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With several high profile virtual reality (VR) devices such as the Oculus Rift, HTC Vive and PlayStation VR being released in 2016, market researchers Newzoo have looked into likely demand for the pricey tech devices.
Newzoo's online survey of almost 35,000 people found that 11 percent of consumers aged 10-65 across 12 western countries intended to buy a VR device. Consumers in Spain, Italy and the US expressed the greatest intention to buy a device.
"At Newzoo, we have been relatively silent when it comes to VR. This has to do with our expectation that the lion's share of VR revenues will be generated by hardware sales, spectator content, and live viewing formats," said Peter Warman, CEO Newzoo, in a press release.
"Game software revenues from VR will remain marginal for the near future and be absorbed into current PC, TV/console and mobile game revenues."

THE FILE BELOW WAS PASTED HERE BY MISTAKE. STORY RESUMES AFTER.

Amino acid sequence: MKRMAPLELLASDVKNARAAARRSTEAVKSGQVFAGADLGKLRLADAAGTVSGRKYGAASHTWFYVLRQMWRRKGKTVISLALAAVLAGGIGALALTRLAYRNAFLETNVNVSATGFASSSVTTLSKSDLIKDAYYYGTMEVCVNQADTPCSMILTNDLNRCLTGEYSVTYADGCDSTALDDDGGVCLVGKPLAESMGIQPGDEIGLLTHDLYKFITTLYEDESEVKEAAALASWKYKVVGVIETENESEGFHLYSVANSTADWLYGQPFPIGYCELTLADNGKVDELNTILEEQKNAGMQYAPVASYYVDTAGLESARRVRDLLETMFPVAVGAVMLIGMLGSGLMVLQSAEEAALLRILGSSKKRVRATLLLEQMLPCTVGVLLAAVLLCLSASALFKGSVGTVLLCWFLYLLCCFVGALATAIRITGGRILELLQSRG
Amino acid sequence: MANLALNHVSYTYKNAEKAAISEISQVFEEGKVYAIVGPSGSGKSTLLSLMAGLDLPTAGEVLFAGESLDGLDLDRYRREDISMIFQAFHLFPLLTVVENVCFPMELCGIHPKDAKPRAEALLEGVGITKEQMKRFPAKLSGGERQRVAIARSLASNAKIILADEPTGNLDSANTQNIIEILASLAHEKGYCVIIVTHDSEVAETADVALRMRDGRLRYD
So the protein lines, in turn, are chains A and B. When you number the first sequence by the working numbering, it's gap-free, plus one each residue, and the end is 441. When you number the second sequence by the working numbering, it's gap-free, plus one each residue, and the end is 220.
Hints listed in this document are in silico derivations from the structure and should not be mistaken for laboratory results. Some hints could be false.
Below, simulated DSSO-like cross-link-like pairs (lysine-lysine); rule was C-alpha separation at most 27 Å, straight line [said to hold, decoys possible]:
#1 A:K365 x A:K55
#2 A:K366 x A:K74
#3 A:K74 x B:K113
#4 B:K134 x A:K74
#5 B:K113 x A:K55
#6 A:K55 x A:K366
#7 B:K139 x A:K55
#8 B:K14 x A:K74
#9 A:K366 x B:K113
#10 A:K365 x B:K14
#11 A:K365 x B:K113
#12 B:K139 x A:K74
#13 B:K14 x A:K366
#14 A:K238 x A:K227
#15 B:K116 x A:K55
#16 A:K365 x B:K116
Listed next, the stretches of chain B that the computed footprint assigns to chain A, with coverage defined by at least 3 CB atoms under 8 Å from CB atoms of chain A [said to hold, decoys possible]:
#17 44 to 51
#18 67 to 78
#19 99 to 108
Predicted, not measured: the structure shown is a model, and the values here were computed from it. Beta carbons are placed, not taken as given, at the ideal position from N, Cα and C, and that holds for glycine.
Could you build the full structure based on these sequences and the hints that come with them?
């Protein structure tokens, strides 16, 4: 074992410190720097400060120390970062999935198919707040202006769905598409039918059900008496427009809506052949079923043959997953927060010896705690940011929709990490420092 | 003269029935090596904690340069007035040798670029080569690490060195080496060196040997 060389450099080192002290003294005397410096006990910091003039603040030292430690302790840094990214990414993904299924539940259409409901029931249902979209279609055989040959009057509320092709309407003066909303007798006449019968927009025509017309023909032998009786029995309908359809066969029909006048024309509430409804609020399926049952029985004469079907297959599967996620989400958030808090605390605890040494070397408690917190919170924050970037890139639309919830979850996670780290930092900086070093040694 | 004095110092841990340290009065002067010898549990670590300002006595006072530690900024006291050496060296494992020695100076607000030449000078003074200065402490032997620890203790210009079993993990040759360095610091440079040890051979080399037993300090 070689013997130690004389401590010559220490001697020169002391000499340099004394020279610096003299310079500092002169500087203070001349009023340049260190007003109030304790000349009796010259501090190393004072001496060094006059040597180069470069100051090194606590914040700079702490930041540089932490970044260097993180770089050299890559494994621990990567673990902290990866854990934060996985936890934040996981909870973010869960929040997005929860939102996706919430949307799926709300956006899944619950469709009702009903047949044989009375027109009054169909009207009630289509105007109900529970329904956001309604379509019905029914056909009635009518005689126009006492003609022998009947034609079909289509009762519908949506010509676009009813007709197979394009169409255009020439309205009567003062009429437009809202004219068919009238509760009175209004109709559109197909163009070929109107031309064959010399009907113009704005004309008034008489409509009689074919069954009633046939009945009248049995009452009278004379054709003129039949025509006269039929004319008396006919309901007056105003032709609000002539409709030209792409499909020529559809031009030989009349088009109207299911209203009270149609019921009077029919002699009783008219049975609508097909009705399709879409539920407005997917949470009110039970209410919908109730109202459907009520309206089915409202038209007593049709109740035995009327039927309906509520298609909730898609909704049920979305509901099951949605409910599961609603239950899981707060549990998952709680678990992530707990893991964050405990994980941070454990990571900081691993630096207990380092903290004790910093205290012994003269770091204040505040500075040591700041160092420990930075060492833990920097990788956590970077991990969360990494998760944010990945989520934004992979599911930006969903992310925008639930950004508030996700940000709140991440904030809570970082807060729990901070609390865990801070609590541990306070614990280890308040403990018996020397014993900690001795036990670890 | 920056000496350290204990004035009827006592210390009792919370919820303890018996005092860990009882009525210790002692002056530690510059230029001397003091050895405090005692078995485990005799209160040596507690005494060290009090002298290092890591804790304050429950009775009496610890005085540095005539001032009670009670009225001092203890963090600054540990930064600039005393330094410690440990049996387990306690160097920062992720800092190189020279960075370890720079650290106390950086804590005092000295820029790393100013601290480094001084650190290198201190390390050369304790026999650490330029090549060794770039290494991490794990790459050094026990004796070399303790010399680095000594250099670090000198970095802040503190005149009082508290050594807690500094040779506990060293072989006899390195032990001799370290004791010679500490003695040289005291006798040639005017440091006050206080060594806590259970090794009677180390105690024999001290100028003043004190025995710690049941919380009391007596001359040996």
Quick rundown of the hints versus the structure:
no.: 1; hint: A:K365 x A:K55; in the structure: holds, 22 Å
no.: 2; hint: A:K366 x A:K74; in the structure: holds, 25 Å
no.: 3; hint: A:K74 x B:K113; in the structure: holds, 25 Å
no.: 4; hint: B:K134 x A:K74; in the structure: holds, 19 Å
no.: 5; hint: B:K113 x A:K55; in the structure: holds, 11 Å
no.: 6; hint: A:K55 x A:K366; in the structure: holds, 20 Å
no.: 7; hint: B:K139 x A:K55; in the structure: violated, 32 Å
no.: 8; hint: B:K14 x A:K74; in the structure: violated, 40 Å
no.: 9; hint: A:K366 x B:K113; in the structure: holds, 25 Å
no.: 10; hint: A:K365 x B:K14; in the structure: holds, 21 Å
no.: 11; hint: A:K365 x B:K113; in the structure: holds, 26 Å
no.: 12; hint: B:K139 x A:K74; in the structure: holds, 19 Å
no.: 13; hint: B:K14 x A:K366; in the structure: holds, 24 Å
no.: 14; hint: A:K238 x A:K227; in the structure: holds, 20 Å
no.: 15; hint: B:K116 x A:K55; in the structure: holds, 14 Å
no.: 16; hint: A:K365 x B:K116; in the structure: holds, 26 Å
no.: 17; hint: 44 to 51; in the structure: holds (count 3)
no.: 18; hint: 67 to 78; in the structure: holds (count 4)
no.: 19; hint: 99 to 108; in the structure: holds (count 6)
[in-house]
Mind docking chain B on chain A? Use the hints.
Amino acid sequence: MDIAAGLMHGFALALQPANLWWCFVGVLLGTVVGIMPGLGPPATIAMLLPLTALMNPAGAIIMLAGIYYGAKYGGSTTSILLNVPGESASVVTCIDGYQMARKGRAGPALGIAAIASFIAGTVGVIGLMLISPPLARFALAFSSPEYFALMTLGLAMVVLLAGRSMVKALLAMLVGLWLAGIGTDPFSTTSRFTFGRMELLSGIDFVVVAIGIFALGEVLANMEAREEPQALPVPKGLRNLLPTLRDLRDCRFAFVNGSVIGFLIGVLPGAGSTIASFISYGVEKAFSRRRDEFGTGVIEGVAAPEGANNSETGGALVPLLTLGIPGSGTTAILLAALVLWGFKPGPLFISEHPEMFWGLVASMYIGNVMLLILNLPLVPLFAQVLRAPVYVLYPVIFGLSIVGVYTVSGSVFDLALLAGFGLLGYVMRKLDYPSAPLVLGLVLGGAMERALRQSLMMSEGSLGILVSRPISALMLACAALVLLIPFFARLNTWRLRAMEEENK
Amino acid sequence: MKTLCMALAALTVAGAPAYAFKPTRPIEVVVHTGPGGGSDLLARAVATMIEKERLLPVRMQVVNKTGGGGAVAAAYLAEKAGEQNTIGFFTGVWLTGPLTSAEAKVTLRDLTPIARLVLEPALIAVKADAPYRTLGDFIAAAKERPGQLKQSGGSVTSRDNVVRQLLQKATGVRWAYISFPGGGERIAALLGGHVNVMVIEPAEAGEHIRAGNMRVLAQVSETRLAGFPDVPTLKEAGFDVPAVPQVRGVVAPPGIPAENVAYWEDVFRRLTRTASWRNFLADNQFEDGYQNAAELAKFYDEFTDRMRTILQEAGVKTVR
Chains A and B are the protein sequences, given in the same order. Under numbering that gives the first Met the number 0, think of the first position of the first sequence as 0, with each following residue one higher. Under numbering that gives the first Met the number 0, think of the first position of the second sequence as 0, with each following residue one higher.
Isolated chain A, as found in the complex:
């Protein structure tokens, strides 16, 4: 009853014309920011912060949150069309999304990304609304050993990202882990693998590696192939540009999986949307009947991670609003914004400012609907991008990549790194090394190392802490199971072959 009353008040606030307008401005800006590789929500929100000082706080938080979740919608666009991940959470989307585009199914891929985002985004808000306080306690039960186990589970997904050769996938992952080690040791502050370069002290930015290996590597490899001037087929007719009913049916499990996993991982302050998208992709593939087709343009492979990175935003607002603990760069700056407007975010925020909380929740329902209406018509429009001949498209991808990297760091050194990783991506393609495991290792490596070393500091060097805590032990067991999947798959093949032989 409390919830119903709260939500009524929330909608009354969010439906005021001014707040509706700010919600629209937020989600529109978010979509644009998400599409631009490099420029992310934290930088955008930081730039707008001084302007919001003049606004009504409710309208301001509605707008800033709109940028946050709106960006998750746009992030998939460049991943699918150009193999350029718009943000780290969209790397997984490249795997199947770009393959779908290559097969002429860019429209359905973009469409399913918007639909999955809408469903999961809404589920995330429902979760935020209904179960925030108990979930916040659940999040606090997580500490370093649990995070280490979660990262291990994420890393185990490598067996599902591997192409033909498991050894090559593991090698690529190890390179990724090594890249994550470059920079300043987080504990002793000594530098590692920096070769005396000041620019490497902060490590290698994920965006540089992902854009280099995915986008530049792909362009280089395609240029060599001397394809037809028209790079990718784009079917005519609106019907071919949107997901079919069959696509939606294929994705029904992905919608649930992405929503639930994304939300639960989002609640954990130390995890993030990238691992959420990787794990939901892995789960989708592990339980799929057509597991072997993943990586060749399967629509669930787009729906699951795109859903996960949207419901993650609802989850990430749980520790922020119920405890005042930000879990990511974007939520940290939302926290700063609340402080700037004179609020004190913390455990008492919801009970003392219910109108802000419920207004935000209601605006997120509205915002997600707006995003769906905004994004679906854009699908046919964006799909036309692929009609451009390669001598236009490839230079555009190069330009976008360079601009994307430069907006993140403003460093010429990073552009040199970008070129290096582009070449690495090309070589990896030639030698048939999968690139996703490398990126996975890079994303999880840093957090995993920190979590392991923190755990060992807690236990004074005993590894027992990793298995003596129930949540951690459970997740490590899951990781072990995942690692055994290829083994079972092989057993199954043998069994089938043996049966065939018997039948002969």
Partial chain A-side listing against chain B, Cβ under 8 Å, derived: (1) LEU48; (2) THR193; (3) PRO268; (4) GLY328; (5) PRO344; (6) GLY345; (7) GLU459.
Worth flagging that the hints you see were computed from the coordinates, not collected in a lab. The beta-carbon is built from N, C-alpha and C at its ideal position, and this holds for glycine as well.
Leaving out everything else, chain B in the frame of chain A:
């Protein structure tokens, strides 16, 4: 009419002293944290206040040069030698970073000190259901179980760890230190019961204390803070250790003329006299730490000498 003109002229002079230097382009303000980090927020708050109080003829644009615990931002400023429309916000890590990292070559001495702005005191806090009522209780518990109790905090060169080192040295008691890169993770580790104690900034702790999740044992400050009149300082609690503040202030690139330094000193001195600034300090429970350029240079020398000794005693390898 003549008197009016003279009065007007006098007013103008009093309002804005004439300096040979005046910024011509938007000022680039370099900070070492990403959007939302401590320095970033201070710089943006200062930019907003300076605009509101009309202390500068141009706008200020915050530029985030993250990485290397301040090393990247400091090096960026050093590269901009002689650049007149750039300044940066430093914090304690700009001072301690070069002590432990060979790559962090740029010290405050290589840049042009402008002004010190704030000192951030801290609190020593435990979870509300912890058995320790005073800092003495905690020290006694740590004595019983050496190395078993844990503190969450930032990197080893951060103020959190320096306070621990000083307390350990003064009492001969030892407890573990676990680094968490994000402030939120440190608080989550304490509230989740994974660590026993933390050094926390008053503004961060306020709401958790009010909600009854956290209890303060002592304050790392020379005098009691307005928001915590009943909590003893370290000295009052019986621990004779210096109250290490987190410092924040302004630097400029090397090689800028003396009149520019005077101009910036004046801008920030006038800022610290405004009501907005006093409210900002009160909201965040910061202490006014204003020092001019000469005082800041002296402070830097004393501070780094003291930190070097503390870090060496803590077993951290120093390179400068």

Newzoo's research also found a significant correlation between those intending to buy a VR device and fans of video game competitions -- or e-sports. Almost half (45 percent) of U.S. consumers who are planning to get VR are e-sports enthusiasts and a further 18 percent occasionally viewed e-sports.
"Considering such a clear link between e-sports and interest in VR, it's surprising to see so few of the manufacturers investing in the space," the report said. "This is even more surprising when you consider that these fans are tech savvy and willing to spend on memorable experiences."
The research also found that, while only 7 percent of consumers in Canada were interested in buying VR, they were prepared to spend the most on the tech, with 28 percent of this group having spent more than $600 on hardware in the past 12 months. In comparison, only 14 percent of Spanish consumers spent that much on gaming hardware.
Most of the VR devices are planned to come out later in the year. The PlayStation VR will be released in October costing $399, while the Oculus Rift will have a price-tag of $599 and the HTC Vive will be $799. However, there is a lot of debate amongst analysts about how widely the devices will be adopted by consumers.
"It's difficult to predict the real adoption rate of VR games and the value of the market," Andrew Kitson, senior telecommunications analyst at BMI Research, told CNBC via email.
"BMI do not forecast sales of individual games platforms (hardware or software), but we do anticipate VR being one of several key drivers of sales over the next three to four years."
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